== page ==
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Amid broad Israeli support for Gaza war, a rare dissenting voice

Sari Bashi of the group Gisha argued before the Israeli Supreme Court Thursday that Israel is still responsible for Gazan civilians because it controls the enclave's borders, airspace, and sea space.

By Correspondent of The Christian Science Monitor / January 16, 2009

In the minority: Sari Bashi, director of human rights group Gisha, says Israel is responsible for Gazan civilians.

Josh Mitnick


Tel Aviv

With the sleek tower of the Israeli defense ministry dominating the skyline outside her office window, Israeli-American human rights lawyer Sari Bashi wages a counter offensive on the military's blockade of the Gaza Strip.

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Breaking with mainstream Israelis who turned their backs on Gaza after the army pullout three years ago, the graduate of Yale Law School and an Orthodox Jewish elementary school argued in Israel's Supreme Court Thursday that Israel is still responsible for the well-being of Gaza's civilians.

As the head of Gisha, a legal group that lobbies for freedom of movement for Palestinians, Ms. Bashi is at the forefront of a small coalition of human rights groups pressing the government to ensure water, electricity, and medical supplies are restored for Gazans.

"Today we're fighting for their right to exist at the most basic level, and that is tragic," she says. "Because the long-term damage that we're doing in Gaza right now by destroying the infrastructure and traumatizing civilians ... is going to make it very difficult to build a better future in this region."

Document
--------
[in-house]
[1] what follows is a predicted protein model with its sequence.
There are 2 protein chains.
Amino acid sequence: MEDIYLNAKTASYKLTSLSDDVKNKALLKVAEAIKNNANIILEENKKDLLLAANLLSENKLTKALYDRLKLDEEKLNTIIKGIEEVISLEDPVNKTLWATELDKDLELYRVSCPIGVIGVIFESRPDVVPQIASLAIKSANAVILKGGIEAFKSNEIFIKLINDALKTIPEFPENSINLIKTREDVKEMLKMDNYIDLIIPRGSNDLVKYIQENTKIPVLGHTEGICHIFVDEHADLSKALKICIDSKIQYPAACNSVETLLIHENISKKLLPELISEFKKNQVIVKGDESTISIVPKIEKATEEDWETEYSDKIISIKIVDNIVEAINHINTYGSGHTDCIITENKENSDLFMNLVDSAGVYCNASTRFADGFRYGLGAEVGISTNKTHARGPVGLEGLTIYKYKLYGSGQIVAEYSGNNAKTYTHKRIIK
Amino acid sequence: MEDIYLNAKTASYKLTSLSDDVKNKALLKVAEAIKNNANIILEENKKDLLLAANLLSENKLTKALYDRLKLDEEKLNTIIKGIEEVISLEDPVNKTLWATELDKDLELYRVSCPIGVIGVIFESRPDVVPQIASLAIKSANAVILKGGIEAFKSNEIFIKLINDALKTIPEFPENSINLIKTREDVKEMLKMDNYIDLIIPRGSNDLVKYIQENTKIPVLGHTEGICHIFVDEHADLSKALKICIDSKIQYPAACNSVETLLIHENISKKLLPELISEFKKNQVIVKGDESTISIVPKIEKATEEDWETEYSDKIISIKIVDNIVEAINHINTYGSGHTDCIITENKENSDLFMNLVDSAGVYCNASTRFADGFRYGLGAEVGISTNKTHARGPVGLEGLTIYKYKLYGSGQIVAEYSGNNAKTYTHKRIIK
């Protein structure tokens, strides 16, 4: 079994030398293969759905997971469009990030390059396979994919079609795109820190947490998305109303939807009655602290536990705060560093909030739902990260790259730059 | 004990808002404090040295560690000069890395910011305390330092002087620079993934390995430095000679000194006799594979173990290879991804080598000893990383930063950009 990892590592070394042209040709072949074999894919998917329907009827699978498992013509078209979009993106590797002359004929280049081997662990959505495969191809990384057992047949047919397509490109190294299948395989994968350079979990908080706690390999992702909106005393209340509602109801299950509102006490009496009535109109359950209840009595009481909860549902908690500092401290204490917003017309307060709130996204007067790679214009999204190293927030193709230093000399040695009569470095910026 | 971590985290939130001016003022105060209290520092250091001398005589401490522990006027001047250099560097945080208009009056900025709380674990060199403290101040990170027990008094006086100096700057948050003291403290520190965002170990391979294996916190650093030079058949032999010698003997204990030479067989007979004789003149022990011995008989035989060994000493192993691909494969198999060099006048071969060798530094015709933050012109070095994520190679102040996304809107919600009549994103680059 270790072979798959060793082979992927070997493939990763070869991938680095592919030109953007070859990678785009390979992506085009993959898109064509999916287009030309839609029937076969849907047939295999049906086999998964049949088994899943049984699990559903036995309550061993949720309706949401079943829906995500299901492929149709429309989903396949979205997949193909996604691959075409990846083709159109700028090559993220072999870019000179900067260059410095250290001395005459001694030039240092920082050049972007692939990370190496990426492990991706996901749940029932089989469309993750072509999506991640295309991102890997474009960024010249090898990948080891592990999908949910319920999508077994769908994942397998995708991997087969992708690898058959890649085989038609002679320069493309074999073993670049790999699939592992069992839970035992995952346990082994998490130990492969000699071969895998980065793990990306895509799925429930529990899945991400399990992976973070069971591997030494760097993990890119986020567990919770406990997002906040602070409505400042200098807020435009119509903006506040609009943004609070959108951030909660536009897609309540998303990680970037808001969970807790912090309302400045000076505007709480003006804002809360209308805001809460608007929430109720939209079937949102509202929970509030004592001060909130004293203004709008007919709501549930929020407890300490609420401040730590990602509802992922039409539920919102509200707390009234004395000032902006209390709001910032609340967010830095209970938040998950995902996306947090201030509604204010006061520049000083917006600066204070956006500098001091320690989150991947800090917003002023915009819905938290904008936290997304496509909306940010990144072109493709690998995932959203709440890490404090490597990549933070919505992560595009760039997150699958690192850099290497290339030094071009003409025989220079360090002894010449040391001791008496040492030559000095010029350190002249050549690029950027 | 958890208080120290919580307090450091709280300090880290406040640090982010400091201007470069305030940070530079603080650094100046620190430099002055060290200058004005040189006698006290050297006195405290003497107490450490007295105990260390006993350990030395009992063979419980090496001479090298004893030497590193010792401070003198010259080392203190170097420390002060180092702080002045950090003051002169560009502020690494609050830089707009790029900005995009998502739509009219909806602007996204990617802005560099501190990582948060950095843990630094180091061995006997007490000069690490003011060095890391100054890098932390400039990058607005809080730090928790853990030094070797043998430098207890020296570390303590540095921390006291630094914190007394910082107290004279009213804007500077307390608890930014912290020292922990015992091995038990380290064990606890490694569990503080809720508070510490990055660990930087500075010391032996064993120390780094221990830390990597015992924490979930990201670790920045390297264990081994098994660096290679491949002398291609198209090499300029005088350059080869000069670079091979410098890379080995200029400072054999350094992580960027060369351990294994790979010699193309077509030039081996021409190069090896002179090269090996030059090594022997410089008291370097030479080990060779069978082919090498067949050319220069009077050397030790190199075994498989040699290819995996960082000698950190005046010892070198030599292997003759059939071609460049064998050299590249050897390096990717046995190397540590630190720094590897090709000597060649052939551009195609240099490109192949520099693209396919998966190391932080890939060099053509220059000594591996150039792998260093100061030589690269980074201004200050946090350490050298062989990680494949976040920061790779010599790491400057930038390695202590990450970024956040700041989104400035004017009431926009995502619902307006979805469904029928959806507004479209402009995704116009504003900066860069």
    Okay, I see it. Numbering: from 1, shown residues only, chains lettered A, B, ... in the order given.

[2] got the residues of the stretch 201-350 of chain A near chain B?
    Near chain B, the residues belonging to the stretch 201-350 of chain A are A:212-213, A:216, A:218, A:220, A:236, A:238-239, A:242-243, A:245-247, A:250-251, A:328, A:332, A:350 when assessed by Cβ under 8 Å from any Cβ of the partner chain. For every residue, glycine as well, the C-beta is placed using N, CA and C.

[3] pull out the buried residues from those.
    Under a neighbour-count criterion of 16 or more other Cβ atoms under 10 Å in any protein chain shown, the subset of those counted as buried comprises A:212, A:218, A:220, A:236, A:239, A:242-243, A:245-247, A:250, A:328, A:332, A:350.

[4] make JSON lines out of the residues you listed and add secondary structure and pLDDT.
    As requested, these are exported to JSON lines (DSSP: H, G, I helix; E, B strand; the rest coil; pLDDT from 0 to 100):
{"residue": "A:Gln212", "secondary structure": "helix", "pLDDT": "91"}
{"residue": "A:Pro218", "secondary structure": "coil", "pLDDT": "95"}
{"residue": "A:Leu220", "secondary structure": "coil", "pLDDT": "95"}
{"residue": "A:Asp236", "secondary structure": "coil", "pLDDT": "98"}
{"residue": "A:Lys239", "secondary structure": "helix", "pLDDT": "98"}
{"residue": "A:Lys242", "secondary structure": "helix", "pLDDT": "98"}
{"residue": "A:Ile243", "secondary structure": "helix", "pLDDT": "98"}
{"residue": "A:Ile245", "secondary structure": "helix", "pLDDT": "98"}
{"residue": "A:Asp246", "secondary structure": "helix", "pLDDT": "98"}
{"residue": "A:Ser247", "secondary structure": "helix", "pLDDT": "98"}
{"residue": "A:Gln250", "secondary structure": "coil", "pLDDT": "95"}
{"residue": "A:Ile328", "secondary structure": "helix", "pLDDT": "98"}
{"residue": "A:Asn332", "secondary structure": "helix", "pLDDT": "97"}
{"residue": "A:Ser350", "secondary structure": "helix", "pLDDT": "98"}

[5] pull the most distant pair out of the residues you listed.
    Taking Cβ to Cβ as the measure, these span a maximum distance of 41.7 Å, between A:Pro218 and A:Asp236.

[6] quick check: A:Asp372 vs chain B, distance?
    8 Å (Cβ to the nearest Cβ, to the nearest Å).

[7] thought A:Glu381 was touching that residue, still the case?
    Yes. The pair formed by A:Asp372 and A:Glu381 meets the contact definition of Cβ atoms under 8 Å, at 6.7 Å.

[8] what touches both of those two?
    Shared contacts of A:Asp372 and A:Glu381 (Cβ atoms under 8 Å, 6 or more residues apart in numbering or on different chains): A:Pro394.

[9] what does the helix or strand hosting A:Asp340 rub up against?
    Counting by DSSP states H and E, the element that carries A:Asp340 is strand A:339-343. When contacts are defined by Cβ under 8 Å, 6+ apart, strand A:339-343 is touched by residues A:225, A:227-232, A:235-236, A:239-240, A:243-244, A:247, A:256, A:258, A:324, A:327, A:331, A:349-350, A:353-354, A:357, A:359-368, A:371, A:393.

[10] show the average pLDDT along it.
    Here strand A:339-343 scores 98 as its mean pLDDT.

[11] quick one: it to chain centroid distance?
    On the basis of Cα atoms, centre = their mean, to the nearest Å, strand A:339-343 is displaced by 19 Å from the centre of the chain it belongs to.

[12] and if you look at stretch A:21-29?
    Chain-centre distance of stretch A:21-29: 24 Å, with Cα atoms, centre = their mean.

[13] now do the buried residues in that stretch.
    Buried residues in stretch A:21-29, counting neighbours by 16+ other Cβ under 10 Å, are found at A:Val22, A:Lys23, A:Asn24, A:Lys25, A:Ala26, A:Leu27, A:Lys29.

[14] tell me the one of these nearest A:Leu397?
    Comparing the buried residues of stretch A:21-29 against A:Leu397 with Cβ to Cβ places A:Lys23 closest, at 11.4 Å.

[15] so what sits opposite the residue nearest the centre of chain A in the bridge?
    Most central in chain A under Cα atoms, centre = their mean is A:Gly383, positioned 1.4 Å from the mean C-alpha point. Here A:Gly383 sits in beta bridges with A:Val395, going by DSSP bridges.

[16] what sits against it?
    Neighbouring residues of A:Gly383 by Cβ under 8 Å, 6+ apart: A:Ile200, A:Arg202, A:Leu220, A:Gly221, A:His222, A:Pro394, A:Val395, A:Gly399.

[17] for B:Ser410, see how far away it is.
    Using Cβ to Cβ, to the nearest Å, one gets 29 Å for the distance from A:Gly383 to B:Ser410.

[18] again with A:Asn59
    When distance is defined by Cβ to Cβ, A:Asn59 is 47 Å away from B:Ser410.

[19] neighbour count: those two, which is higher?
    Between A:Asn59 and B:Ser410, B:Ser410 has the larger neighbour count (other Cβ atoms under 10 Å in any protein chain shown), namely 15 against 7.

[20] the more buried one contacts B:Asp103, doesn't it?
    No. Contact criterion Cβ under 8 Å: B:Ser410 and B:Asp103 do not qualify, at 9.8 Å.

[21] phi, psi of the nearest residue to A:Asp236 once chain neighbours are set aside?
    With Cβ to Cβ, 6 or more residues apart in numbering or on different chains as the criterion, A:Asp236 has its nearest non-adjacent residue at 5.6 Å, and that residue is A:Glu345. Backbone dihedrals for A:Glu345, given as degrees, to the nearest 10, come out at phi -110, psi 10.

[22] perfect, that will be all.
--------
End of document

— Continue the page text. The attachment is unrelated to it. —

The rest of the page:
The Supreme Court appearance was part of a petition to force the government to allow fuel into Gaza so electricity plants can supply power for water pumps and to enable Palestinian technicians to fix downed power cables.

On Wednesday, the Israeli human rights coalition held a press conference to call for an international investigation into alleged war crimes by the Israeli army. In addition to pressure for a renewal of Gaza's water and electricity supply, the coalition called on the army to stop targeting civilian buildings and to allow civilians escape routes to flee battle zones.

When Israelis unilaterally withdrew from Gaza in 2005, pulling out soldiers and uprooting settlements, there was a sigh of relief that their four-decade-long occupation of the enclave was over.

The contention that with the withdrawal Palestinians lost their casus belli to launch cross-border attacks into Israel is one of the main reasons why the onslaught against Hamas enjoys wide support in Israel. A poll published Thursday in the left-wing Haaretz newspaper found that 78 percent of the public believe the war is a success. So strong is the approval that a recent demonstration in favor of a cease-fire by Peace Now only drew about 1,000 people.

Experts cite eight years of Israeli malaise after the 2000 Camp David peace conference collapsed into the Palestinian uprising. "Some of the people in the peace camp lost hope in the Palestinians, and some left hope in the Israelis," says Akiva Eldar, a political commentator for Haaretz. "Some don't believe a two-state solution is practical and doable."